DES MOINES, Iowa -- In August of 1982 the NAACP filed a lawsuit against the City of Des Moines to hire more black fire fighters. The city would hire five in the fall.
“Race was a big issue at the time,” said Eddie Davis, hired in the class of 1982. “There were individuals that didn’t want black people on the fire department.”
Eddie Davis, Steve Carter, Copeland Francis, Pete Jackson and John Long represented a chance at diversity for the department. At the time the department had 311 members and only one was black.
According to Davis, before he got the job he got some valuable advice from a mentor,”'You know they want to take your job.' Yeah I know that. He’d tell me 'Don’t let them do it.'”
The city was forced to hire black firefighters and there was talk that they were under qualified.
“(Laughs) They can say whatever they want, evidently some other people thought I was good enough to do the job,” said Davis.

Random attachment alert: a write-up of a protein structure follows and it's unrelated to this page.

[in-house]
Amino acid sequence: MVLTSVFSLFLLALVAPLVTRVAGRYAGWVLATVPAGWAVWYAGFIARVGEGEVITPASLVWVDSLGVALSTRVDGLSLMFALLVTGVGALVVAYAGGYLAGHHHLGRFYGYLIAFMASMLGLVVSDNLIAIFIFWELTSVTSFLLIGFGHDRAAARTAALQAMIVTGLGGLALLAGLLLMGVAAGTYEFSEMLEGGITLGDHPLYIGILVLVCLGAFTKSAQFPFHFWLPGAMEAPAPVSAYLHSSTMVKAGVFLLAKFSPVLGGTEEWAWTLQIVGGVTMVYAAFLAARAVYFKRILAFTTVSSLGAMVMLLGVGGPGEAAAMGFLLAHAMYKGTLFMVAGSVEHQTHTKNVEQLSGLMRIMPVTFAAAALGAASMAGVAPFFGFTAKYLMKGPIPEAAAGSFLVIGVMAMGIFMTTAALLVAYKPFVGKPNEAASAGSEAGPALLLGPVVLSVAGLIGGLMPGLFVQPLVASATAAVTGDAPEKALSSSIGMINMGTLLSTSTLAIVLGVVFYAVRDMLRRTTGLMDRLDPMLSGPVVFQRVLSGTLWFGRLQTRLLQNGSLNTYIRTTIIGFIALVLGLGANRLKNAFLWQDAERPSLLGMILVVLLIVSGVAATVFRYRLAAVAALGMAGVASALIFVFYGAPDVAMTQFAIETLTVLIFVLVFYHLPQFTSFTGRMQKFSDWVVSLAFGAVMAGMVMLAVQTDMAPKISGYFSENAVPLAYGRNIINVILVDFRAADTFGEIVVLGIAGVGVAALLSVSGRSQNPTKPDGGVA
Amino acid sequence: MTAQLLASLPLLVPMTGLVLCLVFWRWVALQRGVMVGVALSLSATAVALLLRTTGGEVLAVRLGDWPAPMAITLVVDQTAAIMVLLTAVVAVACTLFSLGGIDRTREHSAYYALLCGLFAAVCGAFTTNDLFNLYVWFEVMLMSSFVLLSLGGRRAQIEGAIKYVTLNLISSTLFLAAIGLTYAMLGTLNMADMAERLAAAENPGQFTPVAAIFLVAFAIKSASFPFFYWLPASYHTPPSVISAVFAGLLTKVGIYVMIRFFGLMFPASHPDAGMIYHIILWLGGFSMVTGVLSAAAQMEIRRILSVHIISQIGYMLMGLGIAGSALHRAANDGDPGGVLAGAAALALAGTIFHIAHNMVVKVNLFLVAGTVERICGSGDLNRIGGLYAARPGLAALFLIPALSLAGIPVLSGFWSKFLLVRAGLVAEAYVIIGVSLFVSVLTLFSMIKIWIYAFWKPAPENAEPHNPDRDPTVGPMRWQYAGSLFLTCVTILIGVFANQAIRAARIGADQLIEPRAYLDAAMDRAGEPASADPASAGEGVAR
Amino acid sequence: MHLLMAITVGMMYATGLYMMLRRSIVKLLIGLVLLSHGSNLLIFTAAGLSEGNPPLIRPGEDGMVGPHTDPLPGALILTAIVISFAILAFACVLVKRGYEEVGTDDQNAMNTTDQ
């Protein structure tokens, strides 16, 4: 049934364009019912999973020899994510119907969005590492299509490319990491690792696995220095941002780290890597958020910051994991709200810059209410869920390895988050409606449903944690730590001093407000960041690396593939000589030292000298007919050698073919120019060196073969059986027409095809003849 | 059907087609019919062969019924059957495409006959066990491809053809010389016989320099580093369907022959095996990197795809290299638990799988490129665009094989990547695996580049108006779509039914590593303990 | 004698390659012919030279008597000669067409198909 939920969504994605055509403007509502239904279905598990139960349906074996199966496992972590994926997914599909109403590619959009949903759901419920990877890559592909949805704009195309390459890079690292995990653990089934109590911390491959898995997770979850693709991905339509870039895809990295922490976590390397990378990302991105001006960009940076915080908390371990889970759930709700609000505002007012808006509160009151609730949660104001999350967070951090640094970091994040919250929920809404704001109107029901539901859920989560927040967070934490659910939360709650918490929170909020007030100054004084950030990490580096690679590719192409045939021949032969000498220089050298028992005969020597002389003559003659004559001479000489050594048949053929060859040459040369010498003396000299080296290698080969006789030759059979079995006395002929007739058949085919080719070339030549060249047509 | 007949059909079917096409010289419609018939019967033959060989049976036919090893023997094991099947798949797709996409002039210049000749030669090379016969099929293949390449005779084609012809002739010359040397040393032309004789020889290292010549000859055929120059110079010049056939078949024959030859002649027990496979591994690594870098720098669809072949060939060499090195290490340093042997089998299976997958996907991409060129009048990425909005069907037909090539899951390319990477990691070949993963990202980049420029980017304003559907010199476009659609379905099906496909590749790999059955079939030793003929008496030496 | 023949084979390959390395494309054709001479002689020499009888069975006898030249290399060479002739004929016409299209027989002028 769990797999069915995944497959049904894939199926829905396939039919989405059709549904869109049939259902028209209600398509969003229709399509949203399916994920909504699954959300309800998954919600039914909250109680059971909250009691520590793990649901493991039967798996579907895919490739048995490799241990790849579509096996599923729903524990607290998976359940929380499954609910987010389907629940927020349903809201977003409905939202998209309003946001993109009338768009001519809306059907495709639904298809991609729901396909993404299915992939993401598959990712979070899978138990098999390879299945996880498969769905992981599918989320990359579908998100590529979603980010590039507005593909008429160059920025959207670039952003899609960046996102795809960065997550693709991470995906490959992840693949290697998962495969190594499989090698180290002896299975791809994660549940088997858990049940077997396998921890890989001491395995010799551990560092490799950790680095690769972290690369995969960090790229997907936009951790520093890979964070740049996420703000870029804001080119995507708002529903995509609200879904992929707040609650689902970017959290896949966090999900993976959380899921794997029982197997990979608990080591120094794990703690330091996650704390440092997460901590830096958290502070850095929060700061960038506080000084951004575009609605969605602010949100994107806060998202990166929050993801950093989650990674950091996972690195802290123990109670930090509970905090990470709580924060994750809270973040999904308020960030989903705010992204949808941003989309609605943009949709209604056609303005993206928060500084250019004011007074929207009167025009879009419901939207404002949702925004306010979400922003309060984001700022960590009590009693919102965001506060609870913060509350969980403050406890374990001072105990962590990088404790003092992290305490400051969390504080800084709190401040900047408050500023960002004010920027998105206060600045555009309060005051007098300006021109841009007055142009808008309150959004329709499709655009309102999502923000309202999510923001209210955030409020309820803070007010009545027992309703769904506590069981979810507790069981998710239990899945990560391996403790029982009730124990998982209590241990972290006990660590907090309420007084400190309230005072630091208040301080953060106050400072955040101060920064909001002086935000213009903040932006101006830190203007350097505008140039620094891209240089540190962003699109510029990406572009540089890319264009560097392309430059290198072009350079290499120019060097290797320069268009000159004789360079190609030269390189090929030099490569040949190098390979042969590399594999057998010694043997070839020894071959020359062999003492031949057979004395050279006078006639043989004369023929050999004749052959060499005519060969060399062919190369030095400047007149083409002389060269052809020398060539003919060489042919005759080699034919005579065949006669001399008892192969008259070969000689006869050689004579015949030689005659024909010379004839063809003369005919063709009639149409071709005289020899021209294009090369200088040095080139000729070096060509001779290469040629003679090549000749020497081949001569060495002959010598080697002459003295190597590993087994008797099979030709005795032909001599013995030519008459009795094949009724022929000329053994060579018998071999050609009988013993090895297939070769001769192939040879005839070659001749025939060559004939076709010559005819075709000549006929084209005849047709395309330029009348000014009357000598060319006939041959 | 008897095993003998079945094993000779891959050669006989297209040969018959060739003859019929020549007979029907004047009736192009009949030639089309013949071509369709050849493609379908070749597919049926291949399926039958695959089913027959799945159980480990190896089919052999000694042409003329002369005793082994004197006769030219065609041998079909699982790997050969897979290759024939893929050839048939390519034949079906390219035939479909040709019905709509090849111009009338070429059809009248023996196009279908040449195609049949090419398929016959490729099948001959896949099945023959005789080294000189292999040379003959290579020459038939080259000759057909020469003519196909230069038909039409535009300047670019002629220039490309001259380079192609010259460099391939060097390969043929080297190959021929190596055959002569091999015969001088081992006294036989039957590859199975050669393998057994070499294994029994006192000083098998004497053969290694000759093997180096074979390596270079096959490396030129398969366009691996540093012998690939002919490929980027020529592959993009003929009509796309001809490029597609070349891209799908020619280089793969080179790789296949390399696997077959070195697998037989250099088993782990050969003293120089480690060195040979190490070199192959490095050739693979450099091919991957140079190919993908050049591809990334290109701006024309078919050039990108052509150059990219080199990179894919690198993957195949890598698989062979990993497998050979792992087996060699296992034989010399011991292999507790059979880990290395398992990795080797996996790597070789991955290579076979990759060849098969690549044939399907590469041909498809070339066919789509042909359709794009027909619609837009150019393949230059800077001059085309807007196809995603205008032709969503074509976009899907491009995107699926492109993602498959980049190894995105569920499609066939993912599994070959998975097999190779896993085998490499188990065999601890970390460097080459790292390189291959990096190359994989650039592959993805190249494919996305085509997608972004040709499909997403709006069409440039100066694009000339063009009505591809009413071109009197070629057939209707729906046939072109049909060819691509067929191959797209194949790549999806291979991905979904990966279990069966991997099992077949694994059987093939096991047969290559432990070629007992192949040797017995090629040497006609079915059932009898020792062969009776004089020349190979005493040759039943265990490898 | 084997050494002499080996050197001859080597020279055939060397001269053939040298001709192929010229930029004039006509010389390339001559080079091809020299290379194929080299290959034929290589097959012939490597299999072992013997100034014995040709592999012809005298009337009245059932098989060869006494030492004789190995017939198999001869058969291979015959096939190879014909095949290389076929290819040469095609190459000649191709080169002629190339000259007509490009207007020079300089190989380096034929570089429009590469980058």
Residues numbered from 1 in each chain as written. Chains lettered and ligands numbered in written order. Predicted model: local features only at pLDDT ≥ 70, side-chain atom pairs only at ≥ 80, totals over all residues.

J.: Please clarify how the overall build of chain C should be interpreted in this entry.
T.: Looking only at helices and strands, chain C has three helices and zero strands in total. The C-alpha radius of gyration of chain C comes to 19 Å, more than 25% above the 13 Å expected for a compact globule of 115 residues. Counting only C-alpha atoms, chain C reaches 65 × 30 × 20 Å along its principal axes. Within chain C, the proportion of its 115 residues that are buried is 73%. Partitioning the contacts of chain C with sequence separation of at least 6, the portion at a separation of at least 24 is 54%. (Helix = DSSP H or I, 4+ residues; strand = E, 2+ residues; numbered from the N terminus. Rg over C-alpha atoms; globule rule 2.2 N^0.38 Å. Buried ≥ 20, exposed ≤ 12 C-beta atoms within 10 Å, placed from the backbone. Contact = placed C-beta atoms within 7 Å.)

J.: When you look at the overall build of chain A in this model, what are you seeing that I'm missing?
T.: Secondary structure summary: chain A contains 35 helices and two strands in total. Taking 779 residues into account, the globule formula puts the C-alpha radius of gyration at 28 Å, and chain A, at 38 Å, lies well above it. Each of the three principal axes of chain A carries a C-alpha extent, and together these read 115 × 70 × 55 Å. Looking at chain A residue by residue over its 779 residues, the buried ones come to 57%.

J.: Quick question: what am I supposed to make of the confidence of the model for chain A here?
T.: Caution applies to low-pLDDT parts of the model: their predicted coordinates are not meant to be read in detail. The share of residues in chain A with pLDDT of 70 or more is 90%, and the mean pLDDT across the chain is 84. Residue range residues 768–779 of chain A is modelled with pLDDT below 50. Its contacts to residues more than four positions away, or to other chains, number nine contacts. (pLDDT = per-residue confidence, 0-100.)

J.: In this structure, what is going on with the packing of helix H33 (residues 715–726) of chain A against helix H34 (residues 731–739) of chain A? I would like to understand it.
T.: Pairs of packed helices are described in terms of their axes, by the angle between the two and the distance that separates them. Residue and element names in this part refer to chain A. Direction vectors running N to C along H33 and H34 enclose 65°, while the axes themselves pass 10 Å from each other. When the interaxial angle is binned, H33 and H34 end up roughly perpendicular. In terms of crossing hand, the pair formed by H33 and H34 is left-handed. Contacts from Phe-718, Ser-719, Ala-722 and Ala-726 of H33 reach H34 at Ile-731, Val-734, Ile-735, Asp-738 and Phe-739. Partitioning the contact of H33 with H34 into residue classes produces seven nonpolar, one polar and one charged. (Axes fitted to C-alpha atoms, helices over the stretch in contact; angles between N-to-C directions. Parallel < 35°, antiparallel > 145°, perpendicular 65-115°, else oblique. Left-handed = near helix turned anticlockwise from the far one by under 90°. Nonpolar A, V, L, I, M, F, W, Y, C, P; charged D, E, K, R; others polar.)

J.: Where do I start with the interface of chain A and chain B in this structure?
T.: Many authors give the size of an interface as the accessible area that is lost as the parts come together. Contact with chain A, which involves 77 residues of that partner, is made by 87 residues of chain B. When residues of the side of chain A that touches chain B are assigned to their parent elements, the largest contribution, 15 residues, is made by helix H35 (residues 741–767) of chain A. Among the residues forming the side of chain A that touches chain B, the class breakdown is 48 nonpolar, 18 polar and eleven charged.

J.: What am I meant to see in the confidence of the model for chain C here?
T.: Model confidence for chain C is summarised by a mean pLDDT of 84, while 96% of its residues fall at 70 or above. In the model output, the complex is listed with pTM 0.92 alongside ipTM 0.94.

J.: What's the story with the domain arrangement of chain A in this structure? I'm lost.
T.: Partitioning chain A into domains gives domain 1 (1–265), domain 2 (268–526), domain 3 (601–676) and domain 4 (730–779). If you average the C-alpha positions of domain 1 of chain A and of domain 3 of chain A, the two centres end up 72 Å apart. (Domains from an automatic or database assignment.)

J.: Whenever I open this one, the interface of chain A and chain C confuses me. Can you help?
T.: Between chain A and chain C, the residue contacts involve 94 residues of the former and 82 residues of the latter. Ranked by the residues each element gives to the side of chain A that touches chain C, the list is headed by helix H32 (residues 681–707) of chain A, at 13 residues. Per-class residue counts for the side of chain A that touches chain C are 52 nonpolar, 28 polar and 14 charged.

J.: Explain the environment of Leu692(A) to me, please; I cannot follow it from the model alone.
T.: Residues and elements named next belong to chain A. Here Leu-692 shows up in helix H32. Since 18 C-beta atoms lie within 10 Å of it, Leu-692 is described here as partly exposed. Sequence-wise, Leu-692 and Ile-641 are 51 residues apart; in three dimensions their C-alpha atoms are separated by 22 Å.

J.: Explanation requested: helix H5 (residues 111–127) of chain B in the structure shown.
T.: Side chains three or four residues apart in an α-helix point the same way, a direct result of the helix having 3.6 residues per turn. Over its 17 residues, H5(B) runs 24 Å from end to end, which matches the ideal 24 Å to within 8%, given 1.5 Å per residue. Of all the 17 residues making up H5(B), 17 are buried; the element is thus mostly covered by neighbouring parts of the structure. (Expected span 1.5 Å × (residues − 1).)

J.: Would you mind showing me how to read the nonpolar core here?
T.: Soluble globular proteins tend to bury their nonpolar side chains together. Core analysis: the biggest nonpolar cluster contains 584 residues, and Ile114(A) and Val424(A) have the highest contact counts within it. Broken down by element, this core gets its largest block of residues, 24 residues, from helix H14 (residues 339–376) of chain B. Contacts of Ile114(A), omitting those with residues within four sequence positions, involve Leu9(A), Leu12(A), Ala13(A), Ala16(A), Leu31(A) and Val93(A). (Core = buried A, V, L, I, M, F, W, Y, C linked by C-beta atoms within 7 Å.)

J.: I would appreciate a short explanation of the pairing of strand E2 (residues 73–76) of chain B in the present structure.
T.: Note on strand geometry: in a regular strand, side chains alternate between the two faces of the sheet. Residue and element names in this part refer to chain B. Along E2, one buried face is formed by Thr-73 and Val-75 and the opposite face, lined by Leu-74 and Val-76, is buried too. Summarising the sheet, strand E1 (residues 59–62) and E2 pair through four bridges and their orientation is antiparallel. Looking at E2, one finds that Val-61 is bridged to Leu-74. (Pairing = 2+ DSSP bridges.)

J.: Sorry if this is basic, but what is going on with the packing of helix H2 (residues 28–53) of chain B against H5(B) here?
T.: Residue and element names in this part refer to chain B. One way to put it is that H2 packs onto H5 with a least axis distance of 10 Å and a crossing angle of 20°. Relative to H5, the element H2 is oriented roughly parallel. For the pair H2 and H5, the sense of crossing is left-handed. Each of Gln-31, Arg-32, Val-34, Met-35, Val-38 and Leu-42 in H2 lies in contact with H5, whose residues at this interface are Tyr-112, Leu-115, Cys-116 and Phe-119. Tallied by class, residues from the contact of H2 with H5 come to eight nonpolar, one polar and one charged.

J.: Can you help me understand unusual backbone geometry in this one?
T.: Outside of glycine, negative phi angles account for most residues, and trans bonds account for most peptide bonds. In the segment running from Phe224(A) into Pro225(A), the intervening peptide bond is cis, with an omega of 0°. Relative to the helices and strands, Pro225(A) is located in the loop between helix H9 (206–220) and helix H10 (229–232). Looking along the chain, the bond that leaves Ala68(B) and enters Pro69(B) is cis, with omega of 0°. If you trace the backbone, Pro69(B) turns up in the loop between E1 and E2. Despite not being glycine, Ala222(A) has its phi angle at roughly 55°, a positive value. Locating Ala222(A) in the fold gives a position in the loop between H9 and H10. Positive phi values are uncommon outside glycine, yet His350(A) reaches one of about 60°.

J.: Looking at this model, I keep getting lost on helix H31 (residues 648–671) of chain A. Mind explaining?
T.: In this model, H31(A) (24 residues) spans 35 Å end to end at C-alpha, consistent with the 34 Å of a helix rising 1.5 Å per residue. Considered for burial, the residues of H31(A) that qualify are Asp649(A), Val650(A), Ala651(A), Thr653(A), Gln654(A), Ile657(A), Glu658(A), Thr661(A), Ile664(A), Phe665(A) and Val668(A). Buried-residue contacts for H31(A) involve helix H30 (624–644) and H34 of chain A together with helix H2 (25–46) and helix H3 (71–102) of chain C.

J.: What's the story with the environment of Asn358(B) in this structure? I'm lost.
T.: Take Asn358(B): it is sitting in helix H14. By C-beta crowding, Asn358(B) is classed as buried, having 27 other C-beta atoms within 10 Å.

That conversation ended when Davis received the highest grades of any of man in his class.
He graduated from training in January of ’83, ready to fight flames and prejudice.
“I’d walk into a house ... once into a house. Once on the street. Once on the street with a drunk. I’ve been called nigga a few times and of course I’d laugh because I’m not a nigga,” said Davis.
Davis didn’t fit in, he stood out. In his 23 years with the department he moved up the ranks fast by focusing on one simple principle.
“Go do your job. You may have a kitchen fire. You may have a garage fire, car fire. You may have a fully involved structure. It's all about doing your job,” said Davis.
Doing his job, Davis succeeded at handling the heat but also managed to rekindle hope for those who followed.
“We understood not only to ourselves, to our families and to the examples of other young blacks or other minorities to look at themselves and say I can do that ... I can do that,” said Davis.
The new hire class of ‘82 was ushered in by a lawsuit to serve the city of Des Moines but it was an internal fire that fueled them.
“I did my job in the face of racism,” said Davis.
That class of was historic in many ways. Not only did they hire five black fire fighters, they also hired the first woman and first Asian firefighter within the department.
There are currently 20 black firefighters in the department.